One topic that was top of mind in many conversations the Trimble ProjectSight team had in 2023 was doing good business strategy while planning projects and responding to risks. That is, not losing sight of the forest for the trees.
Here are the top 6 construction software trends we expect in 2024:
- AI: Will this shiny new object break out of the novelty zone?
- Labor Shortage…the gift that keeps on giving
- Interest rates and construction material cost fluctuations
- Adding a service business and focus on recurring revenue
- Construction data and analytics
Read on to see the top 6 construction software trends of 2024.
1. The shiny new object of construction AI breaks out of the novelty zone and becomes common use
Artificial Intelligence (AI) in construction stepped out in a big way in 2023. We see AI disrupting construction software in three big areas: Data strategy, document processing, and project management workflows.
The New Civil Engineer says “[Construction AI] delivers actionable information, rather than just data, so that decisions can be taken more quickly.” In big and small aways construction AI has the ability to help project leaders focus on strategic growth, in addition to responding to environmental risks.
It seems like we’ve been talking about AI for a long time without being able to name the ways it’s actually being used in a practical manner, today. How are you using AI for construction right now? It might not be obvious, but you probably already are.
If you’re using construction data analytics - Tools like Trimble’s Construction Analytics - you might already be working with AI in construction. It uses powerful Microsoft artificial intelligence tools to automate invoicing by integrating accounting verification data into the construction billing system, or ERP.
Check out “7 Habits of Highly Effective Project Teams”
Other ways you may already be using AI in construction are optimizing equipment usage, improving construction site safety, and sustainability.
2. Labor Shortage…the gift that keeps on giving
Skilled labor/workforce was a persistent, high-level risk in 2023 with no end in sight for 2024.
“It’s not about the pay,” says Brent Kirkpatrick of Crowe, a construction financial services provider. “It’s the constant grind. If there’s not enough people, you get no break. It’s hard work for everyone. It’s hard for laborers, for accounting, for C-suite.
“Just paying people more isn’t the answer. You have to get more workers in the door.”
“Just paying people more isn’t the answer. You have to get more workers in the door.” There are lots of ways to attract more younger workers, and keep folks around longer.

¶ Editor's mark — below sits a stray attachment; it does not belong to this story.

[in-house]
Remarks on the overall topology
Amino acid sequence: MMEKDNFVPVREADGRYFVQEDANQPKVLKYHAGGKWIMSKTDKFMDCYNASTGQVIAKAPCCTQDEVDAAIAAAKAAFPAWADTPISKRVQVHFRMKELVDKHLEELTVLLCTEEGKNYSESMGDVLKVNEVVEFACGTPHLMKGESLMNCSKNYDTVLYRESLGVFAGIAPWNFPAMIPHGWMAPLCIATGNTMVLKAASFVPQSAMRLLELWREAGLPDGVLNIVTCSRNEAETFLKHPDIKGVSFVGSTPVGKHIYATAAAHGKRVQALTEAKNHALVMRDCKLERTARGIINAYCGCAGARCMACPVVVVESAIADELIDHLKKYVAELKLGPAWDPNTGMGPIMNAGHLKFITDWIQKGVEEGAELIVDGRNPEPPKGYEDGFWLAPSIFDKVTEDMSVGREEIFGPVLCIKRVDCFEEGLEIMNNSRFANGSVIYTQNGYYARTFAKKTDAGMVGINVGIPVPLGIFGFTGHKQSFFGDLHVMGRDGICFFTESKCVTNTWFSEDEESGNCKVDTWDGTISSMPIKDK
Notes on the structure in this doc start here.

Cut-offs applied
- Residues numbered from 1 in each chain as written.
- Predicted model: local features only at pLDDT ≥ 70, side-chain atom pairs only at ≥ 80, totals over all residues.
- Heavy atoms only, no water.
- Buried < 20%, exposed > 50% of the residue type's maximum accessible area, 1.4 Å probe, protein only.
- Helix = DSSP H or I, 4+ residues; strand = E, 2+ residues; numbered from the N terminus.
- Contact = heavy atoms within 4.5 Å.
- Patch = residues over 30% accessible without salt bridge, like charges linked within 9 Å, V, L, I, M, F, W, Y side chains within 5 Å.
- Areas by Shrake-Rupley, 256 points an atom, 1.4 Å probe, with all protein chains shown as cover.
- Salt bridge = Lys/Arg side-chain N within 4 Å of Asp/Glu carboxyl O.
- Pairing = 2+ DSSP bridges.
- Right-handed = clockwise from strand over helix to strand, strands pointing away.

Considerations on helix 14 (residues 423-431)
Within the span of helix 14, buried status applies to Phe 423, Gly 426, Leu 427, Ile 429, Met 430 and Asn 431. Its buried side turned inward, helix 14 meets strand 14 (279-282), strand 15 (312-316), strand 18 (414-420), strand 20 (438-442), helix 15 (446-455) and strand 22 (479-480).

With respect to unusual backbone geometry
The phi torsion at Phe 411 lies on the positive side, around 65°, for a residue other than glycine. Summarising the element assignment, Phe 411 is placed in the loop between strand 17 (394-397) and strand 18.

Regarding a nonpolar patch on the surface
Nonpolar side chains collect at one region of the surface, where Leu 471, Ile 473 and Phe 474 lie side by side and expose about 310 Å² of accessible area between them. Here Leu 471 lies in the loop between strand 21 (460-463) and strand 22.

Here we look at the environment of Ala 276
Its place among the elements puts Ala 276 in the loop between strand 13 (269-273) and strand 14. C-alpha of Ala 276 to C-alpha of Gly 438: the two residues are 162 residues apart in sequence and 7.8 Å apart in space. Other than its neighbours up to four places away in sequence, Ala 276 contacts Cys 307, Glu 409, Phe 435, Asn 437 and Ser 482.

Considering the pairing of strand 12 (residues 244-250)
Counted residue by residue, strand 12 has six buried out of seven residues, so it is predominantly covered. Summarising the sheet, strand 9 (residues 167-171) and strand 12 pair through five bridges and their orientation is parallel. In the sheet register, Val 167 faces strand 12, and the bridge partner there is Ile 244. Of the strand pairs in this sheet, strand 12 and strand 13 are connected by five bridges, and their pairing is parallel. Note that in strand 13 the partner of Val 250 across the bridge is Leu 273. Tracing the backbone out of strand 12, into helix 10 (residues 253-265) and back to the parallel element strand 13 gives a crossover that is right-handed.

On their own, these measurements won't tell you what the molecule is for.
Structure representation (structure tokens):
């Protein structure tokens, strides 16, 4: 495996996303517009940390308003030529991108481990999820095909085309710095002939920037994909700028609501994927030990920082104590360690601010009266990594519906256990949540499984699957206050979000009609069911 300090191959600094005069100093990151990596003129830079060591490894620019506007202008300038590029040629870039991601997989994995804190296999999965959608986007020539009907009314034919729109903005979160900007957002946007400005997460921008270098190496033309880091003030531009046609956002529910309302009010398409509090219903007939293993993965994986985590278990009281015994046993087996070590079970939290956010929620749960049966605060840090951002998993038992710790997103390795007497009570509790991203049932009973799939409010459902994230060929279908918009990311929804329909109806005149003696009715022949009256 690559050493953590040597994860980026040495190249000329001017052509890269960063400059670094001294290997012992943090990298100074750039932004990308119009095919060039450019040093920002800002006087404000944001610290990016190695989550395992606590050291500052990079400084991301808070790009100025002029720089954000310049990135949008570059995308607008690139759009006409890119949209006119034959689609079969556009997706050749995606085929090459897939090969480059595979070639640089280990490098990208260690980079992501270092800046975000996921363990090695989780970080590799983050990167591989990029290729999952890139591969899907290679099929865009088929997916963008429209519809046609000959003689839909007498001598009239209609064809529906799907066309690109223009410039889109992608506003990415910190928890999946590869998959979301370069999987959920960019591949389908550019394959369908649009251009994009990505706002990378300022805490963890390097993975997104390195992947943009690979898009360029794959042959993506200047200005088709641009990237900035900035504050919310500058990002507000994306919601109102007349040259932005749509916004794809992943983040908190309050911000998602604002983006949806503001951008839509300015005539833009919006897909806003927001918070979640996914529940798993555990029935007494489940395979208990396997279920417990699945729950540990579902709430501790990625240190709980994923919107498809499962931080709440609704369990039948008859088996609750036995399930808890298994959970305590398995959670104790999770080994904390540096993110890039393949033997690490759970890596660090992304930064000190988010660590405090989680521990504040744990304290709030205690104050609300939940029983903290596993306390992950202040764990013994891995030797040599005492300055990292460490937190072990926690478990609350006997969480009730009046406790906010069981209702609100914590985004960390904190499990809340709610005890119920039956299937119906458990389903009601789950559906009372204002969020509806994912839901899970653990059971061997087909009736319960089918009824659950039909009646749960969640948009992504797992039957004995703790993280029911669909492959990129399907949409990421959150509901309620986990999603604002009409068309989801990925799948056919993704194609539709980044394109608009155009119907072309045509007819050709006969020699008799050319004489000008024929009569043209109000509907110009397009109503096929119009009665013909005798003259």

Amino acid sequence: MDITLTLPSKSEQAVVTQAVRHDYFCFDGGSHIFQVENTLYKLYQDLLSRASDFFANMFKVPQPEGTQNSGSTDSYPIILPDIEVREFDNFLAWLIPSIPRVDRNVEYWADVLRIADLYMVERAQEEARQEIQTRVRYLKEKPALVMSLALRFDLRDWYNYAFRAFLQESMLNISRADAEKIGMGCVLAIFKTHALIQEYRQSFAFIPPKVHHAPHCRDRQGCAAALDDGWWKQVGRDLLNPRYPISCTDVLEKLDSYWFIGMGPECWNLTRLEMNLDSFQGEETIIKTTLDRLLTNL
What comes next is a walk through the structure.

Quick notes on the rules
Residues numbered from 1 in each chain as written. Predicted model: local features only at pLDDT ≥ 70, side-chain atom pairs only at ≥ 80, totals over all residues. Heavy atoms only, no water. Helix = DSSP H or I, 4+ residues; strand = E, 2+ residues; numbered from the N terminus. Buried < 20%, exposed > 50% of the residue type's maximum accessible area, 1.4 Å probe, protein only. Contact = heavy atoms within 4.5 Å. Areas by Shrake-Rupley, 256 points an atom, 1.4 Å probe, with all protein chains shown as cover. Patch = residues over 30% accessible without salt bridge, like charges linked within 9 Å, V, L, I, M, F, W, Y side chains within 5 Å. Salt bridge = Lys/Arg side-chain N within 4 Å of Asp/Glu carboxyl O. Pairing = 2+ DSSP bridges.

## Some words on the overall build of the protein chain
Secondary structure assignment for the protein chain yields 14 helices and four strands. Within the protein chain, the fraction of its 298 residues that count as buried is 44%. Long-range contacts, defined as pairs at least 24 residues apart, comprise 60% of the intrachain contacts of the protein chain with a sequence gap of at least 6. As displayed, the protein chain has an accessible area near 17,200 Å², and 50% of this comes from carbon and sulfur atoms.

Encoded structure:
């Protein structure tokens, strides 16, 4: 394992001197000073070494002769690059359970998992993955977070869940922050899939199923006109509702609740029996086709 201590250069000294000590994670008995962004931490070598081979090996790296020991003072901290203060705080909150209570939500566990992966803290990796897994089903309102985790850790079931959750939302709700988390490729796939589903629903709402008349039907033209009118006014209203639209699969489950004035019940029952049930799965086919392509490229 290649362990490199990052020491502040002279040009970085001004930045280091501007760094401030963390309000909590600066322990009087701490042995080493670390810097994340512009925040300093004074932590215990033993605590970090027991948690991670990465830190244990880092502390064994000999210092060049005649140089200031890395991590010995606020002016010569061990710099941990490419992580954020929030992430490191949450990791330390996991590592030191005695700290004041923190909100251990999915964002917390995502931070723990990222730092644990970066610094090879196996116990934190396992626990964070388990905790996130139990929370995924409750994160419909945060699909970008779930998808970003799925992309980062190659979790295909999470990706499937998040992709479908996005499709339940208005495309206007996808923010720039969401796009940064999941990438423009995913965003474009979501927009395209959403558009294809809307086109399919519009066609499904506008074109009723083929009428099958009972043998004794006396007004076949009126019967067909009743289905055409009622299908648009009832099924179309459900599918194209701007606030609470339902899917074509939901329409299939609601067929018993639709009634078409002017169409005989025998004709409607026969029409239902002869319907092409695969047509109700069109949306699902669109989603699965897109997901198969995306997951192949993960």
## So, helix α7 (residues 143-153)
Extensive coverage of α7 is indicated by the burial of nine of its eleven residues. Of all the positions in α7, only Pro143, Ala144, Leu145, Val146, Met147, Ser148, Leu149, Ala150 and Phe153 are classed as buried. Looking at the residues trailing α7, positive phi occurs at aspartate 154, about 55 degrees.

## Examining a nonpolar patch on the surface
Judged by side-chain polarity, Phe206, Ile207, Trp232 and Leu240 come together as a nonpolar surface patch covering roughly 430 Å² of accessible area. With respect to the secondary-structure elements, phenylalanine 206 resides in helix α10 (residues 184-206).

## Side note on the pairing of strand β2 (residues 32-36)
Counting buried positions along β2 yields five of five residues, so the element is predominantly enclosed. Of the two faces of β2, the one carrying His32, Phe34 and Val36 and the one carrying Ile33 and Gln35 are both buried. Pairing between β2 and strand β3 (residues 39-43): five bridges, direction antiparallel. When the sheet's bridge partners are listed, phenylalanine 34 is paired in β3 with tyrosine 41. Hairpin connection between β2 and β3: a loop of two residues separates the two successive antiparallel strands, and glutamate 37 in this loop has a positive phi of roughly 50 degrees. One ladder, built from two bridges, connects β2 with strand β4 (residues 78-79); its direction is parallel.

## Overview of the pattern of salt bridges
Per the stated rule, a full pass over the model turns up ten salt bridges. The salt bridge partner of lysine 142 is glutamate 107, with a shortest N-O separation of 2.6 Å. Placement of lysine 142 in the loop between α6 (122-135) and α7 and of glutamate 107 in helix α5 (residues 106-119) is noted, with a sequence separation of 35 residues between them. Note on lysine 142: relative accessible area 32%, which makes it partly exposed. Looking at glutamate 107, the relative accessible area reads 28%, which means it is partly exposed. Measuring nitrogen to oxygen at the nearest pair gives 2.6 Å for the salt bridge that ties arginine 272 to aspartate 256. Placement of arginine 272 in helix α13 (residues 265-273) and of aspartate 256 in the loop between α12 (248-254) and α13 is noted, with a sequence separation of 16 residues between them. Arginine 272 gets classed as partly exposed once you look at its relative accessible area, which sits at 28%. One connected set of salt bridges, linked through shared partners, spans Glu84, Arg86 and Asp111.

A few of our ideas from 2023 that top the list: 1.) Embrace remote work, for those roles where it makes sense—like estimators, project managers, accounting teams. 2.) Look for ways to boost diversity. Not only do diverse teams deliver better results, but you might open the door to a whole new pool of workforce talent.
Interest rates and construction material cost fluctuations
Money ain’t free anymore.
Following historically low interest rates (3.25% in the fall of 2023), the Federal Reserve raised its benchmark interest rate 11 times to slow inflation. The interest rate stands at over 7% at the time of this writing.
The rate hikes did have the desired outcome of cooling inflation, which slowed in the second half of 2023; however prices remain high. ($1.00 today has the buying power of $0.56 four years ago, in 2000.) Purchasing construction materials is still a volatile market, due in part to disrupted supply chains, fuel prices, and geopolitical instability around the world.
Project owners and GCs who don’t want their profit eroded by interest and risk will be taking a much more serious look at cash flow management and procurement in 2024.
4. Adding a service business
Three words: Annual recurring revenue (ARR).
As construction GCs become larger and more strategic, they are increasingly taking a page from the software business, by turning to annual recurring revenue. ARR is the money that comes in from a subscription or contract—reliable, repeatable profit that is beloved by investors as a prediction for future growth. Especially “in these turbulent times.”
Adding a service business is one of the simplest ways a construction company can add a recurring revenue stream—as opposed to one-time profit. To smooth out the peaks and valleys of project-based work, a service business provides ongoing revenue that can be counted on in the future.
Besides, who better to service your project than the company who built it in the first place?
Self-performing GCs and specialty subcontractors in particular will be looking at creating or building out a service business in 2024.
5. Construction data and analytics
Construction projects generate (and require) huge amounts of data—that’s nothing new. What’s new in 2024 is that more of that construction data will be able to sync and flow between different workflows and software.
Rather than downloading, reformatting, and manually entering data, more and more construction software technologies are using APIs and integrations, so that data is more easily shared and used.
For example, new integrations between Carrier and Vista HR Management syncs employees’ elected benefits and open enrollment directly between systems—no more emails with benefits carriers to confirm these plan changes and elections are confirmed.
Project data will also be leveraged more in 2024, as data analytics are increasingly used to do a post-mortem lessons learned, identify risks—for example, a vendor who has been consistently late on past projects; and find opportunities, such as volume-based discounts or new places for business development.
Forward-looking companies will be able to find opportunity for growth, even during the economic changes that are sure to come in the new year.
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